There are so many ways to use leftovers but having eaten so much on Christmas Day the pleasure of having a large bowl of hot soup is soothing. Even more comforting is using up lots of those Christmas leftovers. Even if you do not intend to make soup, make the stock and freeze it for later use. It will keep in the freezer for up to a year. Leave the onion skins on to add colour to the stock.
Follow the instructions if you are making this recipe fresh but if you are using leftovers add any root vegetables, pureed or not, towards the end. Add mushrooms if you have them and there is nothing amiss about using cauliflower or broccoli either. In other words, just add all your leftover vegetables, up to about 4 or 5 cups worth. The only thing I do not like to use are leftover potatoes because they can be used for potato pancakes and when roasted they make good hash browns.
If you don’t like barley boil noodles separately and add them to the soup when serving. Barley will cause the soup to thicken as it stands. If made the day before, it may need to be thinned when reheated.
These are the wings I make so I can devour chicken wings without feeling guilty. They are simmered in stock to remove some of the fat, and the sauce is kept as fat-free as possible without sacrificing any taste. Use the leftover stock as a base for Asian soups or sauces.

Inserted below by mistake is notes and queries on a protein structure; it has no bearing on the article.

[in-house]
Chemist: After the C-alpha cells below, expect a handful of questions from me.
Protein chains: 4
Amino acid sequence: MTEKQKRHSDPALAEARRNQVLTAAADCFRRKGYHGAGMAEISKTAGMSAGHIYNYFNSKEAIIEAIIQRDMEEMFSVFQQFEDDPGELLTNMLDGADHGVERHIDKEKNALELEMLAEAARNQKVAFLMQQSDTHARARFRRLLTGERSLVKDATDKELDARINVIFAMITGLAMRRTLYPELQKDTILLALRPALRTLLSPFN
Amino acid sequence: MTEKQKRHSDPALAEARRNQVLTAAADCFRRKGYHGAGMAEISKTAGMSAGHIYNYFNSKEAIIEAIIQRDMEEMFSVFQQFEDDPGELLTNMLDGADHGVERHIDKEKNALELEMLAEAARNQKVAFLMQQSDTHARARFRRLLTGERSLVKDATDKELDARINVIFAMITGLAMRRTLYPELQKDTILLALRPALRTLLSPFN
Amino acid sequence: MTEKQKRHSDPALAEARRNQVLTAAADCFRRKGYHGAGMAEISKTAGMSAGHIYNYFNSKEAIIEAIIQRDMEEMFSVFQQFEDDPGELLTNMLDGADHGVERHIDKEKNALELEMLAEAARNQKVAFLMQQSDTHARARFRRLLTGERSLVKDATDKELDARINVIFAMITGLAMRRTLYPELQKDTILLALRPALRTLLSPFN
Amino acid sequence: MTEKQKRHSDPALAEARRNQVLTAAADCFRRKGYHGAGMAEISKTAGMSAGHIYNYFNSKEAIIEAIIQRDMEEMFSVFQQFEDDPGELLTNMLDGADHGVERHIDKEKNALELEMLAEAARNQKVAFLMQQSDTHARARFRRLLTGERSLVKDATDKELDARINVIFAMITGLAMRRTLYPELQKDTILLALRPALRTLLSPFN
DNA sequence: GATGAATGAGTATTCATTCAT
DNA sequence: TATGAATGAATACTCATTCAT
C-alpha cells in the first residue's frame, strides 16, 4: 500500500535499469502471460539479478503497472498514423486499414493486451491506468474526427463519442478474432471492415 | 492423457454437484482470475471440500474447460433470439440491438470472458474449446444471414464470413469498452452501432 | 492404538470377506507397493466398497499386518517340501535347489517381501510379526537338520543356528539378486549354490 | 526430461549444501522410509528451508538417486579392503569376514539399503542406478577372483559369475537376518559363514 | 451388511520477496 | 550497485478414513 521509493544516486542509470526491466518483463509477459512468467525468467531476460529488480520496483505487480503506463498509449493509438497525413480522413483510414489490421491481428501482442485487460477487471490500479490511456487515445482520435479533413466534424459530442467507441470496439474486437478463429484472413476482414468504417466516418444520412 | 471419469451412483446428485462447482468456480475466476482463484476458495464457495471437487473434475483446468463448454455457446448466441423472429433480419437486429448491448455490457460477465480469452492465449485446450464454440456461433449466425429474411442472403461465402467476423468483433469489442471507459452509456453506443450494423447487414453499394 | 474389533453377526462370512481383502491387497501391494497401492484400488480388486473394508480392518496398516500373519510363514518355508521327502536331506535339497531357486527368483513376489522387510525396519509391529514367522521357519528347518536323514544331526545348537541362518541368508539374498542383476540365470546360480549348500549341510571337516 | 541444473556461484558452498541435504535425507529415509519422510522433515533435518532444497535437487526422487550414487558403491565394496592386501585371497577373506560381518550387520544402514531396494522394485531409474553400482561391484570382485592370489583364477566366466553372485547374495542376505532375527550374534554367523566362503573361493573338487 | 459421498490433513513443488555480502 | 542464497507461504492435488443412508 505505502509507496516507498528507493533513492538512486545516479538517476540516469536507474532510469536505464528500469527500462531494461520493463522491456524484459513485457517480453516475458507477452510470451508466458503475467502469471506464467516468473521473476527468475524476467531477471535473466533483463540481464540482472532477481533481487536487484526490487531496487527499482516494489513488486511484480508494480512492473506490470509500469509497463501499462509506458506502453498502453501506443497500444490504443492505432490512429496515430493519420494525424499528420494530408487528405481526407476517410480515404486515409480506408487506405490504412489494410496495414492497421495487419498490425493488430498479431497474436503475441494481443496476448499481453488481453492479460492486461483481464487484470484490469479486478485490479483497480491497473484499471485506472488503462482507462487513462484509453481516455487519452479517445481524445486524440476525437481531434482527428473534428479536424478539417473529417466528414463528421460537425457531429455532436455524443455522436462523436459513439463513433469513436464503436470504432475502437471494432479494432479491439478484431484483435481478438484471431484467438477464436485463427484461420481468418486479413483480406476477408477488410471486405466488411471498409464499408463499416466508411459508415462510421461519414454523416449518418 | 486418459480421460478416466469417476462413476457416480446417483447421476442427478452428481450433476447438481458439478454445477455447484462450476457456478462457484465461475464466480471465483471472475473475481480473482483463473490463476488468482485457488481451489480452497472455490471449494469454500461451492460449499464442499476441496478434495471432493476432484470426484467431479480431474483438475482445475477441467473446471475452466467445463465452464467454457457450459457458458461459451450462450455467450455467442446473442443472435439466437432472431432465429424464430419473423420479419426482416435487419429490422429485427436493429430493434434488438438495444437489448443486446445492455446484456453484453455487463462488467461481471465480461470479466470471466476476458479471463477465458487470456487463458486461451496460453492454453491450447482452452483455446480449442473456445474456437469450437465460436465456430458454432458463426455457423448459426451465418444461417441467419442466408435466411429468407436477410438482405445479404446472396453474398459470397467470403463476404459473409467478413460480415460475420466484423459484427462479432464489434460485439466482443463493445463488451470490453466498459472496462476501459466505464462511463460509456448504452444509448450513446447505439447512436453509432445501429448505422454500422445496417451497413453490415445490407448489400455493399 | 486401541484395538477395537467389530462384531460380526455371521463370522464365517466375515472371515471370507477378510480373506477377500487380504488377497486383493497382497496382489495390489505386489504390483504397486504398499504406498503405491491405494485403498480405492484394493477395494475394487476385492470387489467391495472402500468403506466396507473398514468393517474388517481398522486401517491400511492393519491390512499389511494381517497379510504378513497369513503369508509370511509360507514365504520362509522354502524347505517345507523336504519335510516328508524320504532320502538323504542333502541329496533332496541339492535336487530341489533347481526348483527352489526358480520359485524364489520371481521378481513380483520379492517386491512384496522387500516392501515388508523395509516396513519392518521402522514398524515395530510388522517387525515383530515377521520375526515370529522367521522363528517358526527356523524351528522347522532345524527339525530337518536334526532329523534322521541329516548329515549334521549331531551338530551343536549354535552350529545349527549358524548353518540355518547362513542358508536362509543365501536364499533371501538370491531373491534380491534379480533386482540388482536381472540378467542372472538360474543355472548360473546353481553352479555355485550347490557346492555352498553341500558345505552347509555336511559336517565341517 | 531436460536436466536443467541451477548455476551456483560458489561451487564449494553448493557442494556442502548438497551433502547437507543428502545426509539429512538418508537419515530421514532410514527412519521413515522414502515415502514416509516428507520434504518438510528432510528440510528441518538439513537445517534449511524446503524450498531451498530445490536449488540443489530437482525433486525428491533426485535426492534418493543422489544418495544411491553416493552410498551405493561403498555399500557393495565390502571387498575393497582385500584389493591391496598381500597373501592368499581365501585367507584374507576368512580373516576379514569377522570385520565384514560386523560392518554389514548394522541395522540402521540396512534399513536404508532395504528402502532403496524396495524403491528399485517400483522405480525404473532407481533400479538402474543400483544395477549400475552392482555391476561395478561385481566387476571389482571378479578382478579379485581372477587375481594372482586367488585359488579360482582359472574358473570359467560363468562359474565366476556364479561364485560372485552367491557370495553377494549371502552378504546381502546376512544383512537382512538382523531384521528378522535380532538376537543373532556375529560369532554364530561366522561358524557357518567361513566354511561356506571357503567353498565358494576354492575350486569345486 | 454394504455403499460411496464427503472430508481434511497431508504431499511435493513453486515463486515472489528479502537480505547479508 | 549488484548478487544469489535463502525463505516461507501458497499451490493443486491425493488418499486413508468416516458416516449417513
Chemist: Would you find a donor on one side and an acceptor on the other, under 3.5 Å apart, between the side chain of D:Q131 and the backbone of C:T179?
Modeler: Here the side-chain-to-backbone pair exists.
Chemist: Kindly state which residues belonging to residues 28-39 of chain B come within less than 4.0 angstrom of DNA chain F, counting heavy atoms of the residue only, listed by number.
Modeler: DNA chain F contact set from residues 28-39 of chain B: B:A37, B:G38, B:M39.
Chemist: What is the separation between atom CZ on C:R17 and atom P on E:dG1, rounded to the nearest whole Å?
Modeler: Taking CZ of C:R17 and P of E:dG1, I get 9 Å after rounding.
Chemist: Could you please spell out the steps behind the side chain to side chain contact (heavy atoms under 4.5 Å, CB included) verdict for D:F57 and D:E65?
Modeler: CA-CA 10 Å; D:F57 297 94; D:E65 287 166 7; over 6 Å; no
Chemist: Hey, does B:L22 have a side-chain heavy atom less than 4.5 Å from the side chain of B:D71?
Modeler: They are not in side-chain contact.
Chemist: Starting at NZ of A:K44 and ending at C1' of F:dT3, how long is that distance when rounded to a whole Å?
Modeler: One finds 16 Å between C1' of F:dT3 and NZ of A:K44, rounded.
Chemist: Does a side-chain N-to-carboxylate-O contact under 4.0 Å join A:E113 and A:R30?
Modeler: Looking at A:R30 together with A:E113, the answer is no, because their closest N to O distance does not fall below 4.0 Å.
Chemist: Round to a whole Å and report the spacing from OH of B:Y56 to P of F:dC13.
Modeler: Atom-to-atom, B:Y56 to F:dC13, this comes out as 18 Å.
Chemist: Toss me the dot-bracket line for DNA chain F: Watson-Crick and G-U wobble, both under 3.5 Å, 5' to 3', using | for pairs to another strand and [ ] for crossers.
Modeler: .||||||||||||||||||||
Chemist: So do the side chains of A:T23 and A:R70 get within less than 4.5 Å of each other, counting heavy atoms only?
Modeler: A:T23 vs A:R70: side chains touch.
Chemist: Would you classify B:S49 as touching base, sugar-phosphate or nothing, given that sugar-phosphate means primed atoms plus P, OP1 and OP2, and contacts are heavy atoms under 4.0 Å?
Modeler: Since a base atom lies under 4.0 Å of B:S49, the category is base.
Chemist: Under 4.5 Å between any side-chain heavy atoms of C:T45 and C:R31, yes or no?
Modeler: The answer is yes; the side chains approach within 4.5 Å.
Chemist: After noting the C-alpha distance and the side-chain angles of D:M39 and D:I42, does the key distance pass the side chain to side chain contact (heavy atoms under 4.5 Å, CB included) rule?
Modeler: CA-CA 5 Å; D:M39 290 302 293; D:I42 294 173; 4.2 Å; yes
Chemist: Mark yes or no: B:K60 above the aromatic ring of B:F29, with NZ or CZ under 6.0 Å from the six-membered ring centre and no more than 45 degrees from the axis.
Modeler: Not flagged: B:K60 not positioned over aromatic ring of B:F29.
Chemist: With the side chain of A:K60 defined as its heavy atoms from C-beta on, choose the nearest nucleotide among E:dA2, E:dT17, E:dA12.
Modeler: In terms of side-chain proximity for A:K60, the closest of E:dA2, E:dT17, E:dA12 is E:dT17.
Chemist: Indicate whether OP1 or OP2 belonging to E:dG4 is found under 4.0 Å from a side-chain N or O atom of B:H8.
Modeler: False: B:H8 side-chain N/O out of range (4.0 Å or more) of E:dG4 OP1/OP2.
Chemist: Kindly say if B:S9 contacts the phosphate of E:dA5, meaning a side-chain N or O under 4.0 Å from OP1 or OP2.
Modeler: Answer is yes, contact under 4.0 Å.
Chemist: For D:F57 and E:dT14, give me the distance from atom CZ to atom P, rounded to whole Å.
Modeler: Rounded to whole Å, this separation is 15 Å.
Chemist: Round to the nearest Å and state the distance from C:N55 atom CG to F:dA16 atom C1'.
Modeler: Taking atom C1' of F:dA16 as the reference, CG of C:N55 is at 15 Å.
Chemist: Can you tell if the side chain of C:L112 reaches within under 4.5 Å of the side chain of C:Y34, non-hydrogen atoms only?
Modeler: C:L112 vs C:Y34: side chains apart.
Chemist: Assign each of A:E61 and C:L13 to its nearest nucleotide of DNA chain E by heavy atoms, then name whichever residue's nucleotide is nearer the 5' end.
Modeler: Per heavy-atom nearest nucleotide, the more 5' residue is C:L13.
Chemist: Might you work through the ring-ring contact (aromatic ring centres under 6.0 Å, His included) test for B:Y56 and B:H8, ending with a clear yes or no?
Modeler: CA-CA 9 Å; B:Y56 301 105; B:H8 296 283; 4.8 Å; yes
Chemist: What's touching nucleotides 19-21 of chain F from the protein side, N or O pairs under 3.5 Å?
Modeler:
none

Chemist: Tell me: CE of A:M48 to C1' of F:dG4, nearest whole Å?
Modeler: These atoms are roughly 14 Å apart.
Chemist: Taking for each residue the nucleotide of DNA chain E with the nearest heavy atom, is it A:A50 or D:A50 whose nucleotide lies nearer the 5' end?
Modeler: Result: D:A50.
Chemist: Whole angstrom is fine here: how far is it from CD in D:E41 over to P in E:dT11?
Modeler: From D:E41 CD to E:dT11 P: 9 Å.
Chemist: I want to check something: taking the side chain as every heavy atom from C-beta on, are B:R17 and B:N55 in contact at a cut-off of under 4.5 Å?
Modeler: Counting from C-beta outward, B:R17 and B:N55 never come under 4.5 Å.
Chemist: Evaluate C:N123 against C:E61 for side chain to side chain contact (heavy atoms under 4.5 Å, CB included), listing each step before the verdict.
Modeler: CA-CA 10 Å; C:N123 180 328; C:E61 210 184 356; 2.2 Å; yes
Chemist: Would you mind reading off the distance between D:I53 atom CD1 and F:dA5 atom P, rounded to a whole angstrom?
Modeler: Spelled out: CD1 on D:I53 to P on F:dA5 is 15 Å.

This dish is a shout-out to Cuba, whose food will probably become more Americanized now that it’s easier for Americans to travel there. Chicken and rice is really the national Cuban dish and most families have their own recipe. This one is mine. It is a close cousin to paella but with Cuban spicing. Use short grain rice, either Spanish or Italian arborio.
During the four years Victoria Hutton lived in Jakarta, she fell in love with the fresh, pungent flavours of Indonesian food. With an abiding interest in cooking, she decided to explore the cuisine and write a book, now in the planning stages, for non-Indonesians. One of her favourite dishes is Soto Ayam, the popular chicken noodle soup served with many garnishes. It makes a wonderful family dinner as everyone chooses their own add-ins.
The aromatic spice paste in this dish is one of the hallmarks of Indonesian cooking. It used to be a back-breaking chore to pound the chilies and other spices into a paste, but nowadays a blender or food processor does the job. The turmeric in the paste gives the soup a lovely yellow hue. Fresh turmeric, a perennial plant of the ginger family, is available in Asian stores. If you can’t find it, the dried version works well.
Fried shallots are a popular garnish for many dishes in Indonesia. Shallots have much less water than larger onions, so they fry up crisp without the addition of flour. They can be made ahead of time and stored in an airtight container for up to two weeks.
One of the best tacos I have ever eaten was at a food stand at the Oxbow Public Market in Napa. Frankly, the combination of rich duck and mildly spicy ancho chili paste sweetened with cherries incited gluttony.
Despite its sophisticated flavour profile, the dish is easy to reproduce once the chili paste is made and the onions are brined (both can be done ahead). And if you aren’t a duck fan, you can easily substitute cooked chicken legs or pork belly.
I make double the amount of the paste and keep it refrigerated to liven up other dishes. The marinated onions also keep for weeks. As for the chilies, dried, large, fairly mild anchos are available at Latin American stores and some supermarkets.